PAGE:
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A wrapper and command-line interface for the Facebook Insights API.

Project description

``facebook-insights`` is a command-line utility that makes it easier to
interact with `Insights metrics in the Facebook Graph
API <>`__.
Python users can also directly access the API wrapper that the CLI is
built on.

- **Authentication.** OAuth2 is a bit of a pain and we've made it
- **Querying.** Query page and post insights with simple command-line
parameters or through a pythonic interface.
- **Reporting.** Outputs simple timeseries of the data rather than
verbose API responses.
- **Portability.** JSON output means you can analyze the data in any
language from R to Julia to Ruby to Java.

**Development status:** the Python interface to ``facebook-insights`` is
close to stable, but some things might change and others still need
polish. The command-line interface is still very much a work in progress
and you probably shouldn't try to use it yet.



.. code:: python

import os
import facebookinsights as fi

# prompt for credentials on the command-line,
# get access to one or more pages
pages = fi.authenticate()
# alternatively, pass an existing page token
page = fi.authenticate(token=os.environ['FACEBOOK_PAGE_TOKEN'])

Scroll down to find out more about authentication.

Page Posts

Facebook provides Insights data for the page as a whole (follower
counts, impressions across all stories etc.), for all page posts taken
together (likes for all page posts published last week etc.) and for
individual posts (video plays for one particular post etc.)

.. code:: python

# return a range of page posts
latest = page.posts.latest(10).get()
today = page.posts.range(days=1).get()
quarter = page.posts.range(months=3).get()

# look for a particular post instead

Reporting Periods

For many metrics, Facebook Insights includes historical data, so you can
see e.g. how your page's fans have increased or decreased over time.
However, for some page metrics and most post metrics, only lifetime
metrics are available, which represent the current state of things.

.. code:: python

# for many metrics, historical data is available, with daily, weekly
# and 4-weekly rollups, accessible through `daily`, `weekly` and
# `monthly` methods
page.insights.daily(['page_impressions', 'page_fan_adds']).range(months=1).get()
# for other metrics, there's only a lifetime total
# for some, it's the other way around: no total, only the daily numbers
for country_data in page.insights.daily('page_places_checkins_by_country'):
print country_data

Also note that some metrics are updated roughly every 15 minutes whereas
others can lag behind up to a day. Metrics postfixed with an asterisk in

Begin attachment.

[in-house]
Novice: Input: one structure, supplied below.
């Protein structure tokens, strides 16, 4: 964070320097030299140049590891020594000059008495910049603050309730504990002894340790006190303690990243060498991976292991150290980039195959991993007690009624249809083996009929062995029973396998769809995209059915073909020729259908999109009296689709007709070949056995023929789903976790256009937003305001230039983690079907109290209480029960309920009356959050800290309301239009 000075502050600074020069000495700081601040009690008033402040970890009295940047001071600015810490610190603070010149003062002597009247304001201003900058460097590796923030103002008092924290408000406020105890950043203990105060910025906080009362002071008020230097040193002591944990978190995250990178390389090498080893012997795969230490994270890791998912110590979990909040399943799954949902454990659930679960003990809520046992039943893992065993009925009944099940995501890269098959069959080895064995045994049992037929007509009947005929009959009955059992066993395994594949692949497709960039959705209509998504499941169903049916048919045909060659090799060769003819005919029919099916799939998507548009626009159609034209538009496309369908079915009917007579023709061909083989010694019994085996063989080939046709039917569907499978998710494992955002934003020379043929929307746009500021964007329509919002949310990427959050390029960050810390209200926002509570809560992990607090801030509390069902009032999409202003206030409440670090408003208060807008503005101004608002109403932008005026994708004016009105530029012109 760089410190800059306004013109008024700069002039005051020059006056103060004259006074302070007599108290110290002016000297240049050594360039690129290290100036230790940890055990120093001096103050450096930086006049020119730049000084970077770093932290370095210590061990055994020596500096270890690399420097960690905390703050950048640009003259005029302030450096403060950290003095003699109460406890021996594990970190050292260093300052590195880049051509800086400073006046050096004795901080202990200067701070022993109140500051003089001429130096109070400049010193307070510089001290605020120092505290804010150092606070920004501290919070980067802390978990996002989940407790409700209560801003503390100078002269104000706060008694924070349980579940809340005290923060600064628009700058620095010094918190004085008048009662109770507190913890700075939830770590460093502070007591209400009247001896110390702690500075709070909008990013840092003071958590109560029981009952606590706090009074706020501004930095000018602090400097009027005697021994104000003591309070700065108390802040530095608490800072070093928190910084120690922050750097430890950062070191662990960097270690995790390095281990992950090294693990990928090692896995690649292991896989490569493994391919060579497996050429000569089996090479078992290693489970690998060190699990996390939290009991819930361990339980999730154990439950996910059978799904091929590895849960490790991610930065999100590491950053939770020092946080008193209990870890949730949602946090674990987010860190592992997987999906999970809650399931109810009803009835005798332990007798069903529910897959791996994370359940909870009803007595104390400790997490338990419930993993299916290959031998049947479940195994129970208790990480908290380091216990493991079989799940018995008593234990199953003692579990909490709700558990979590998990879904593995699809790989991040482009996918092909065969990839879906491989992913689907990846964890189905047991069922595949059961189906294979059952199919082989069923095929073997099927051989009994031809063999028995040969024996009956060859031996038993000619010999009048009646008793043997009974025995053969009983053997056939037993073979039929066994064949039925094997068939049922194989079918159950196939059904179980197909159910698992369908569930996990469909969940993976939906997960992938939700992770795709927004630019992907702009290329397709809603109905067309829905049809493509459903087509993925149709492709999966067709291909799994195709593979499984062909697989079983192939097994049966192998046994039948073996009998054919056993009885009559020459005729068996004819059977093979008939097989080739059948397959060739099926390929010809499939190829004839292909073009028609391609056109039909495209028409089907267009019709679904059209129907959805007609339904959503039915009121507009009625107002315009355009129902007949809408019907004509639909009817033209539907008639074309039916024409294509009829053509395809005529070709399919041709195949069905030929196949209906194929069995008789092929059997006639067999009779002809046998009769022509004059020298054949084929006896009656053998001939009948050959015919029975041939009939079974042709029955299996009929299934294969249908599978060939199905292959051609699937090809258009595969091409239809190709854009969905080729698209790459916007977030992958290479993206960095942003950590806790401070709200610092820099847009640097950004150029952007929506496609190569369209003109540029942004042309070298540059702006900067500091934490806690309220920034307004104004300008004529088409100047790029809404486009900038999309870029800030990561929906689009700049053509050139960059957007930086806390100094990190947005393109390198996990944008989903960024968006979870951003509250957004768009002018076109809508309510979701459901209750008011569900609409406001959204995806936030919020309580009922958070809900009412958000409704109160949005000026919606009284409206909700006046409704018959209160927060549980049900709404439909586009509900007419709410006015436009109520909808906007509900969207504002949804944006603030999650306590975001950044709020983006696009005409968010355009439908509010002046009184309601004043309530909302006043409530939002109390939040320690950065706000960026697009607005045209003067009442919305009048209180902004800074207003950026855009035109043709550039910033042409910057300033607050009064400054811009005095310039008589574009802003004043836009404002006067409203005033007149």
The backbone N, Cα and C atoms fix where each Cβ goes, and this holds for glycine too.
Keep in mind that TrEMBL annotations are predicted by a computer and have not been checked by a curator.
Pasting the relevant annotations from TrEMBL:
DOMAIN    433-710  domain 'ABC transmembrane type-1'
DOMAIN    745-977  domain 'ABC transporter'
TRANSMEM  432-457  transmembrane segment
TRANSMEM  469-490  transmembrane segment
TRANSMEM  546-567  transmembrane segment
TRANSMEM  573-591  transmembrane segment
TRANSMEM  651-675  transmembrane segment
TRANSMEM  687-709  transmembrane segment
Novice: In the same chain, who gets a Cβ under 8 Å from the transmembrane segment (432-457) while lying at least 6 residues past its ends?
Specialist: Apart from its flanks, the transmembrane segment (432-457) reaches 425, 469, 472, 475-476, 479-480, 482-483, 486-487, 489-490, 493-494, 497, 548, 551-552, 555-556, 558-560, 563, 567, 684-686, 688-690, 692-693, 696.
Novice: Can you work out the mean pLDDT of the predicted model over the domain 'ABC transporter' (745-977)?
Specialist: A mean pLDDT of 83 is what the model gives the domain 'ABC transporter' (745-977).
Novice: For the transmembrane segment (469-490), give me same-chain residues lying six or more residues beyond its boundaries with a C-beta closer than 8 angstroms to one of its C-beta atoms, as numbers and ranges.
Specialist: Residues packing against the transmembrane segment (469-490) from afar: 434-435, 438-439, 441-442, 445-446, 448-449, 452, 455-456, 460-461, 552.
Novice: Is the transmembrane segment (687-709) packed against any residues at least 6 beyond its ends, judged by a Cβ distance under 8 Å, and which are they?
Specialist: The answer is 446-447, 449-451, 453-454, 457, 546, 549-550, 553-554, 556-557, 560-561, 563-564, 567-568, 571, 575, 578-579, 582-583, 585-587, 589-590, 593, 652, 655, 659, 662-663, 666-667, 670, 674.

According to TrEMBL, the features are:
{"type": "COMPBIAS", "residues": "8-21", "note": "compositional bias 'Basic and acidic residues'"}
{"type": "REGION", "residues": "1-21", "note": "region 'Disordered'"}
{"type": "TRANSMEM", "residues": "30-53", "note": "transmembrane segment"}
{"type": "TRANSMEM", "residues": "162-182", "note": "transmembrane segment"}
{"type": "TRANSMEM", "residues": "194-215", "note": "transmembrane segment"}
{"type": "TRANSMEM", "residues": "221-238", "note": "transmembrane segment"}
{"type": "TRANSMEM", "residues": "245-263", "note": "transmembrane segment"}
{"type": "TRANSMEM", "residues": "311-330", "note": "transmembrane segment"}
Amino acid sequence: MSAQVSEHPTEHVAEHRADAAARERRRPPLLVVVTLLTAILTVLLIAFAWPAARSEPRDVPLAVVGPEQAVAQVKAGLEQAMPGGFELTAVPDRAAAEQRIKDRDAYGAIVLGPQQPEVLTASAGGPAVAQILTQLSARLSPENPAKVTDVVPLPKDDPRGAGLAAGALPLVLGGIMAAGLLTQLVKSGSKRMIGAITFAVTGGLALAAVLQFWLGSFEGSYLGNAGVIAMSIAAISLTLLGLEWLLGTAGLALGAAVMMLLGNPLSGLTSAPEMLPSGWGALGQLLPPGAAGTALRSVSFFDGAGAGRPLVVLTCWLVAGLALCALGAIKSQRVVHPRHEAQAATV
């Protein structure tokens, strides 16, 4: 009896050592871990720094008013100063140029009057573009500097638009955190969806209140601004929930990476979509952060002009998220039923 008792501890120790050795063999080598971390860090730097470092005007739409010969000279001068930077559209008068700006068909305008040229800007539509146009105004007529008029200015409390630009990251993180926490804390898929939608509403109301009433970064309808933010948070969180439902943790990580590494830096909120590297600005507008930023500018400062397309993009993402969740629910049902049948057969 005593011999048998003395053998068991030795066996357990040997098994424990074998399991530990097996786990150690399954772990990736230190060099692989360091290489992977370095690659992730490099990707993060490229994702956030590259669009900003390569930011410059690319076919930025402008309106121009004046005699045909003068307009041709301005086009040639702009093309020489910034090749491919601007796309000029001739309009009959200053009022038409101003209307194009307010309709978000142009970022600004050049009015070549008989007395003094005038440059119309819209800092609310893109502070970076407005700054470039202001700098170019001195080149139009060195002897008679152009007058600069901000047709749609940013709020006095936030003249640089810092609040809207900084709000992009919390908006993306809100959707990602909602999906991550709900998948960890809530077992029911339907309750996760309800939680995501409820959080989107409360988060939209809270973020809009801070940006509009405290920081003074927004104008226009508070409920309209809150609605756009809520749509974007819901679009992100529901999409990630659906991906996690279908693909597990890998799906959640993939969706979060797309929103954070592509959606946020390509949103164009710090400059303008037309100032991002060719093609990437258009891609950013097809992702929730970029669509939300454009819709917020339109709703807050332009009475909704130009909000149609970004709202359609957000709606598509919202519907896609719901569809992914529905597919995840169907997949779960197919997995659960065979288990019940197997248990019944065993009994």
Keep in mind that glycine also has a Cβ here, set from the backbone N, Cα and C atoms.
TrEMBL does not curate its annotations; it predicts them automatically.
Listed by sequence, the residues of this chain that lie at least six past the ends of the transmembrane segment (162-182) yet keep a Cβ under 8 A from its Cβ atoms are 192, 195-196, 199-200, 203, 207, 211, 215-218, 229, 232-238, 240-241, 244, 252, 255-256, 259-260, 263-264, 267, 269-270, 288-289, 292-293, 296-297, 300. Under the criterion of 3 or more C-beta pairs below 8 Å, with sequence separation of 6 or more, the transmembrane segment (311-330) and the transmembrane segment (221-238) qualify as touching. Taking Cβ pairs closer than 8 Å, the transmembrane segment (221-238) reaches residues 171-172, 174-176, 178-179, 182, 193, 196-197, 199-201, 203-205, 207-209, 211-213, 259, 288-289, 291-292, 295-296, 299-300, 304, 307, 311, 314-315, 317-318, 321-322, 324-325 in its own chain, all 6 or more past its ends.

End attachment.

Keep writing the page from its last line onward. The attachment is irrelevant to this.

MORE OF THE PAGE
the `Facebook Graph API
documentation <>`__
indicate frequently updated metrics.

**Note:** currently, ``facebook-insights`` will not throw an error if
you ask for a metric at an impossible granularity. Instead, Facebook
will return data at the granularity (often lifetime) that it can


It is possible to ask for one or more metrics in particular.

.. code:: python

# results will be returned as a single scalar value
# results will be returned as an array
page.insights.lifetime(['page_impressions', 'page_fan_adds']).get()
# default metrics subset

If no metrics are specified, the Facebook Graph API will return a useful
subset by default.

Query Results

.. code:: python

# metrics are classless, rows are named tuples
# column plucking is possible


``facebook-insights`` is built on the
`FacePy <>`__ library, and you may pass
certain low-level options to FacePy when executing queries:

.. code:: python

post.daily('page_fans_online_per_day', retry=3)


- **page**: a Facebook (fan) page
- **page post**: a post to a Facebook page
- **story**: a user interaction with a page, e.g. "Mike liked this
page." or "Jeb shared this post with his friends."
- **story type**: the type of interaction a user has with a page, e.g.
a checkin, a mention or a like.
- **storyteller**: a user who interacts with a page (e.g. by liking a
page post)
- **impression**: a view of either the page or a page post
- **engaged user**: a user who clicked anywhere on a page or a page
- **consumption**: a click on a page or a page post; an engaged user
can show up as one or more consumptions
- **fan**: a user who has liked your page and will usually see it in
their feed. Similar to a Twitter follower.
- **unique**: count no more than once per user
- **organic**: impressions or interactions not the result of promoting
your post, as opposed to paid impressions and interactions
- **feedback**: positive feedback includes likes, shares and so on;
negative feedback includes hiding, unliking and reporting spam.

Most of this terminology applies both at the page level and at the page